October 29, 2013
echo none > trigger
turns the LED off, whereas
echo default-on > trigger
turns it on. You can find more information at many places, for example here.
However, this method is fairly slow and -at least for me - somewhat unsatisfying since you do not see at all what is going on at the hardware level. The achievable toggle speed of a GPIO pin via the Linux file method is something like 5 kHZ, which is painfully slow. To achieve higher speeds and work closer to the hardware, we can use memory mapping and directly access the GPIO registers. For the following sample program, you should connect a LED to Pin 28 on GPIO board 1, which is pin 12 on Header 9. Make sure not to connect the LED directly - use a transistor instead; the GPIO pins can only supply 4 mA. Also make sure that the usr0-LED is off as explained above. The program will first blink the LED at pin 28 and the usr0 LED 5 times; then it turns pin 28 into an input which is polled once per second for 20 seconds, and the usr0-LED is switched on and off accordingly.
Now, what precisely does this program do? The magic numbers appearing in the defines are the memory addresses of the registers controlling the GPIO pins, so we have a look into the technical reference manual of the AM335x-processor used in the Beaglebone Black, which happens to be a 4600 pages document. In Chapter 2, Memory Map, you find a long list with the memory addresses of the various registers controlling the behaviour of the processor. Scrolling down a few pages, you find the register address of GPIO1 is 0x4804C000, which we defined to be GPIO1_ADDR in oyr program. In my version of the reference manual, you find GPIO1 on page 211, but that may change in future versions of the reference manual.
So the registers at and directly after the address 0x4804C000 control the behaviour of the pins of GPIO1. This alone is not yet helpful, so we turn to chapter 25, General Purpose Input/Output, for more details. In the GPIO registers subsection, we find the addresses and descriptions of the various registers. The addresses given there are relative to the beginning of the GPIO1 registers, respectively the beginning of the GPIO0 and GPIO2 registers. For example, the GPIO_OE register has a relative address of 0x134, so the GPIO_OE register for GPIO1 will be at 0x4804C000+0x134 = 0x4804C134. Going back to the memory map in chapter 2 of the reference manual, we find that the GPIO0 registers start at 0x44E07000, so the GPIO_OE for GPIO0 will be at 0x44E07134, and similarly for GPIO2.
The GPIO_OE register is the register controlling whether a pin is an input or output. It is a 32bit register whose k-th bit corresponds to pin k of GPIO1. If this bit is 1 (as it is by default), the pin is an input; if it is zero, the pin is an output. The GPIO_DATAIN register is for reading the value of an input pin: If pin k is an input, its k-th bit is 0 if pin k is low and 1 if it is high. If pin k is an output, GPIO_DATAOUT is for setting the pin: Writing a 0 to bit k sets pin k low, writing 1 sets it high. Alternatively, you can use the GPIO_CLEARDATAOUT and GPIO_SETDATAOUT registers: writing a 1 to bit k clears respectively sets pin k.
Now we know which registers we have to control, but how can we actually control them? We use memory mapping to get a pointer which points to the beginning of GPIO1. This is achieved in the lines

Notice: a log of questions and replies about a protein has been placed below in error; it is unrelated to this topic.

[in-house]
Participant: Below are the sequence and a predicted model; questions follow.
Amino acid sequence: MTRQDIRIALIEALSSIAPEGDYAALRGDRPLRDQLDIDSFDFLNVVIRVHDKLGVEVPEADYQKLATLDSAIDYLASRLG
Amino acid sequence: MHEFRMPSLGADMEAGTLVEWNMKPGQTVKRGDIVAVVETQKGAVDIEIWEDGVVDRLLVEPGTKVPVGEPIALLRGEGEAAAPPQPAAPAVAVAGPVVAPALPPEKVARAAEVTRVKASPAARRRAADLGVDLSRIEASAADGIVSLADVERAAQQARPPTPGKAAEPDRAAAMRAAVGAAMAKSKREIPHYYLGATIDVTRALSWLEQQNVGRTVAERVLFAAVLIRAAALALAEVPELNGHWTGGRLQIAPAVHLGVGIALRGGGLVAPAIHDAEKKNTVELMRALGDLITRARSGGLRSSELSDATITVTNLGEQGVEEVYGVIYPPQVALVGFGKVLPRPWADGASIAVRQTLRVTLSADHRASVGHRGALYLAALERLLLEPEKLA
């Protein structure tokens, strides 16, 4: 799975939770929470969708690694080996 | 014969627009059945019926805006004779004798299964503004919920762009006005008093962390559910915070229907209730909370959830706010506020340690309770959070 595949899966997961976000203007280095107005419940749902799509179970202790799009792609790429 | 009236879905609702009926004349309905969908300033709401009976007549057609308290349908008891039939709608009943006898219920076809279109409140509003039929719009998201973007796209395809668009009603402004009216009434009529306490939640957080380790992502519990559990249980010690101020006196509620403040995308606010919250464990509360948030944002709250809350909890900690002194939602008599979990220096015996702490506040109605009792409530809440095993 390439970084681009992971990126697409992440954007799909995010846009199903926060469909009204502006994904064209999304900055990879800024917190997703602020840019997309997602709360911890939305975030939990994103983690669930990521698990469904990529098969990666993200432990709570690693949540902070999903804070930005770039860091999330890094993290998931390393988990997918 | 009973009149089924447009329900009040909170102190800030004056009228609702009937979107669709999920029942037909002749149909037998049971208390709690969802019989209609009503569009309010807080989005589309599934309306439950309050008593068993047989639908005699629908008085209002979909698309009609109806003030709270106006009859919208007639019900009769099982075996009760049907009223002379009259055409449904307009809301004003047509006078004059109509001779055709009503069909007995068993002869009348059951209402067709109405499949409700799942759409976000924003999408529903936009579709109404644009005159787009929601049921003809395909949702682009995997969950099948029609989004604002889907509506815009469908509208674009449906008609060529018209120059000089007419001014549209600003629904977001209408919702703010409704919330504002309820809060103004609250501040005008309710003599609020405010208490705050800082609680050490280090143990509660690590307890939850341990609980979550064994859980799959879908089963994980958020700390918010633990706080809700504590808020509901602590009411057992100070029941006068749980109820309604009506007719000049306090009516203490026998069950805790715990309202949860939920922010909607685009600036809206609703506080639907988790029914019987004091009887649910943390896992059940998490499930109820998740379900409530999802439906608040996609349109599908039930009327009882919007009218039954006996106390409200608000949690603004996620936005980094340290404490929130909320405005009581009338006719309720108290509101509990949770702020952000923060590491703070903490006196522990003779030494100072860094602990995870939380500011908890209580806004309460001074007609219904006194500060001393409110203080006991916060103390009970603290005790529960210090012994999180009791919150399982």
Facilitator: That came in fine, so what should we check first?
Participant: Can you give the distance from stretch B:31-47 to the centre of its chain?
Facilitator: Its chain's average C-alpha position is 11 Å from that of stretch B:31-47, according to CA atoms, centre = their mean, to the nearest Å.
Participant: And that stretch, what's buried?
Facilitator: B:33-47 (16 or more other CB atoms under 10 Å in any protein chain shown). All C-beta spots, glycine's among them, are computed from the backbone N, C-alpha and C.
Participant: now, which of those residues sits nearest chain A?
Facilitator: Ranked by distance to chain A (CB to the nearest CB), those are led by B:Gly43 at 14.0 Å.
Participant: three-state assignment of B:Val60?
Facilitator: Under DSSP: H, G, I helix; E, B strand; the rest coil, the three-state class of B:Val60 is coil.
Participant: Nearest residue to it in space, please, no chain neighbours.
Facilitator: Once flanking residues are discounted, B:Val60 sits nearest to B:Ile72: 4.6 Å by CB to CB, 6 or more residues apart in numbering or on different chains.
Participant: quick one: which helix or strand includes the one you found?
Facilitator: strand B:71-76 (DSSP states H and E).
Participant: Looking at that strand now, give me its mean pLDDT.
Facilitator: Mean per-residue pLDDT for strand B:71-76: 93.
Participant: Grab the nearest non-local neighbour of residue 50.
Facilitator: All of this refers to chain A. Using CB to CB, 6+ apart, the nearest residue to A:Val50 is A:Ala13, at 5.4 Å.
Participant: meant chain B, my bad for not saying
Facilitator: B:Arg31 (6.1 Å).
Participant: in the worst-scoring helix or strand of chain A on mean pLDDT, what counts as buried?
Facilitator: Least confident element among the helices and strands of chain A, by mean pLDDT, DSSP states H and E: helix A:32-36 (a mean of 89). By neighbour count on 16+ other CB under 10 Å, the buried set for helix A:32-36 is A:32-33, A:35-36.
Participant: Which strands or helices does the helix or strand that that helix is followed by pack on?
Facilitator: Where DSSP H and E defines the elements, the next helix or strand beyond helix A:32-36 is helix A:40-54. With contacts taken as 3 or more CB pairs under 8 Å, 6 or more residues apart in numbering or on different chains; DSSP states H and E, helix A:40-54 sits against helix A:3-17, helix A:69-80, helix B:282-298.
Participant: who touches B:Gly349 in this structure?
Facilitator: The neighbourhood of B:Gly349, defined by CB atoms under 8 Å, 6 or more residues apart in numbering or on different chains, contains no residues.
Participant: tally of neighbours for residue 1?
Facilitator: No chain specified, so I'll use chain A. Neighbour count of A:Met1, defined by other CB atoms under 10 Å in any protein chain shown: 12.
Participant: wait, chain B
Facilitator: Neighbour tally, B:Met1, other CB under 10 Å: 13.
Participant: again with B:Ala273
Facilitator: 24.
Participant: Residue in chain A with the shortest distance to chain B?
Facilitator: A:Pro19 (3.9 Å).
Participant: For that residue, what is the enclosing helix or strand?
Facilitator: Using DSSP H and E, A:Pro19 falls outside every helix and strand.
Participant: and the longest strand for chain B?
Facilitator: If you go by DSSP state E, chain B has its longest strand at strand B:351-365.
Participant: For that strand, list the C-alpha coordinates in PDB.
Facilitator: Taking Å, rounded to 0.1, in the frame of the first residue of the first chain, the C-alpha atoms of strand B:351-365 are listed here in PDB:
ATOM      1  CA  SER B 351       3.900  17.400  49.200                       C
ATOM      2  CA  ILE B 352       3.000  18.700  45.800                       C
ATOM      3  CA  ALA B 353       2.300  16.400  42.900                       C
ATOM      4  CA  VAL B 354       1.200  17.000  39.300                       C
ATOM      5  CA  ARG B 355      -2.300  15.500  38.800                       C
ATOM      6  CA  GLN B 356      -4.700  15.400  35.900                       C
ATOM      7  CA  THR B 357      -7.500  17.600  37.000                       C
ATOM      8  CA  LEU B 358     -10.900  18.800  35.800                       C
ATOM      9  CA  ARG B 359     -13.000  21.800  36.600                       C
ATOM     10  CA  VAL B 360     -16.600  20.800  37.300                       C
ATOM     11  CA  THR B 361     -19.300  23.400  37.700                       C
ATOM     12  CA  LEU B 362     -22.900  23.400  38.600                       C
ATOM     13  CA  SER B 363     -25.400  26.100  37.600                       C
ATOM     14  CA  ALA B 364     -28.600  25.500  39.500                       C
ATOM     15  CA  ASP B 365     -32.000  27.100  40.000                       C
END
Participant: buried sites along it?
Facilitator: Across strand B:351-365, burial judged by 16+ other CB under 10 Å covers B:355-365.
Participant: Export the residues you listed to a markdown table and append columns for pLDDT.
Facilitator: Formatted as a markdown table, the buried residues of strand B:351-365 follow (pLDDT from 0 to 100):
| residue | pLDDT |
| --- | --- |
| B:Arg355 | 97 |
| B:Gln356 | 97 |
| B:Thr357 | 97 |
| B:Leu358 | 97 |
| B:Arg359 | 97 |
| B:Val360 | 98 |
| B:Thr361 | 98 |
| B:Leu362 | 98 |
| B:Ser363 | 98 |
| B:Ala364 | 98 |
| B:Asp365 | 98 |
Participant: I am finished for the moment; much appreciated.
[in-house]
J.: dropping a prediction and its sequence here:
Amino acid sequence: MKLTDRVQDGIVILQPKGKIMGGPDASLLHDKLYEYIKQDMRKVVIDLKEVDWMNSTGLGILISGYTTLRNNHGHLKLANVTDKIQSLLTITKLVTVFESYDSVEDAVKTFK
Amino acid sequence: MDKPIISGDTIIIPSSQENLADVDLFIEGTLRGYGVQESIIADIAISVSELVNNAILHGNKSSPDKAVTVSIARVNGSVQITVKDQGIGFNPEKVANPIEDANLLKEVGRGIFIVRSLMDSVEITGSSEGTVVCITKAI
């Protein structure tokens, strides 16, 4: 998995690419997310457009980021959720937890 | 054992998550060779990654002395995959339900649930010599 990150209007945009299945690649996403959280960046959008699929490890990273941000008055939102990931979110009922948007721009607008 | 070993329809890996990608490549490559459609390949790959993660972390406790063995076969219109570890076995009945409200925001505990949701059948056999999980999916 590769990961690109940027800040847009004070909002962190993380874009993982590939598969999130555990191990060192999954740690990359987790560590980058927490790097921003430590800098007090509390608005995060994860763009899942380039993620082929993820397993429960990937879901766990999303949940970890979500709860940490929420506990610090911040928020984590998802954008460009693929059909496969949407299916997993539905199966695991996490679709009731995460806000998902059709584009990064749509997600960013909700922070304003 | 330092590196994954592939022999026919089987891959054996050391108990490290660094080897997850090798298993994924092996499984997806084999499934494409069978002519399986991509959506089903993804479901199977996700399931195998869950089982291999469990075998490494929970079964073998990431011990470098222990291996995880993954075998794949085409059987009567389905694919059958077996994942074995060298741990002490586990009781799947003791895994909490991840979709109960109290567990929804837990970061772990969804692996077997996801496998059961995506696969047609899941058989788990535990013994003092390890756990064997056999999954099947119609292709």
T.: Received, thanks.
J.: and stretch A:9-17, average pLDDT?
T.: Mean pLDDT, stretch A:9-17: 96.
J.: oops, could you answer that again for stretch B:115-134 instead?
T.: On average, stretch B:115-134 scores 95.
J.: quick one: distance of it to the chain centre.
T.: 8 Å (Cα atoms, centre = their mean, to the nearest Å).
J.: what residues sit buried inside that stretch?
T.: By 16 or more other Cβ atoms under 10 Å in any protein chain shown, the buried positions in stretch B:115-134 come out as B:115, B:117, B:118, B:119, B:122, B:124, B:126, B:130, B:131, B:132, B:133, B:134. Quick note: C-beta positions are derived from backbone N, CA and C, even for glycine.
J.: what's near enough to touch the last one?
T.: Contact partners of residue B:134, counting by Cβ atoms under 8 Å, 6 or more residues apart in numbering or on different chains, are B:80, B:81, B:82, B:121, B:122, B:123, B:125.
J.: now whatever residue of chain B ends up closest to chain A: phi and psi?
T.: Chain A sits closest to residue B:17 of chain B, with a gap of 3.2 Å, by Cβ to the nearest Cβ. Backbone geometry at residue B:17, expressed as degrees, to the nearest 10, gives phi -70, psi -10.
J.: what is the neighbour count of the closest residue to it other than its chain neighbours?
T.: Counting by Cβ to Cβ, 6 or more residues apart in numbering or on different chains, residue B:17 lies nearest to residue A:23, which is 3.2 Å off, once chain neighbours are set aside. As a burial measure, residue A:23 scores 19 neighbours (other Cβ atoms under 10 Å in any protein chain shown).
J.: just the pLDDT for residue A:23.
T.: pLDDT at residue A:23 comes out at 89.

int fd = open("/dev/mem",O_RDWR | O_SYNC);
ulong* pinconf1 = (ulong*) mmap(NULL, 0x1000, PROT_READ | PROT_WRITE, MAP_SHARED, fd, GPIO1_ADDR);
This "maps the memory" at the physical location GPIO1_ADDR to the pointer pinconf1; we make it a pointer to ulong since a long happens to be 32bit on the Beaglebone and the registers are 32 bit. Note that the offset addresses of the various registers are in bytes, not in registers: This is why we have to divide by 4 later on in the code since an ulong is 4 byte. For all practical purposes, pinconf1 is now a pointer pointing to the address GPIO1_ADDR; however, a "normal" pointer can only point to the memory allocated to the process, so we have to use memory mapping. The NULL argument to mmap specifies that Linux is free to put the memory map wherver it wants in the memory of the process; PROT_READ | PROT_WRITE specify that we can both read and write to the memoryand map_shared says that we actually access the underlying memory and not only the map in the memory of the process when we write to the memory map. The file /dev/mem we pass via the variable fd happens to be the place where Linux abstracts the phzsical memory as a file. The GPIO1_ADDR specifies where the memory map starts and the number 0x1000 = 4096 specifies its length - in this case, we map the 4 kB following 0x4804c000. If you consult the technical reference manual again, you will see that the GPIO registers for each GPIO board total 4kB, so we have precisely mapped all the registers for GPIO1.
The program is hopefully fairly self-explanatory now: pinconf1[OE_ADDR/4] is the memory at address 0x4804c000 (where our mmap begins) + 0x134 (the offset of OE). Remember that we have to divide by 4 since pinconf1 is an ulong pointer and the offsets are in bytes. Now pinconf1[OE_ADDR/4] &= (0xFFFFFFFF ^ (1 << 28)) sets pin 28 of GPIO1 to be an output and all other to inputs. Then pinconf1[GPIO_DATAOUT/4] |= (1 << 28) sets pin 28 to high. The register pinconf1[GPIO_DATAIN/4] stores the input values of the various pins; we read bit 28 from this register, which means reading the input of pin 28, and process the result accordingly.
All in all, this is a much neater and faster way to access the GPIO pins of the Beaglebone. Be aware, however, that not all pins can be accessed directly; some of the pins are by default reserved for non-GPIO stuff and have to be enabled via the device tree, which is a story for another day.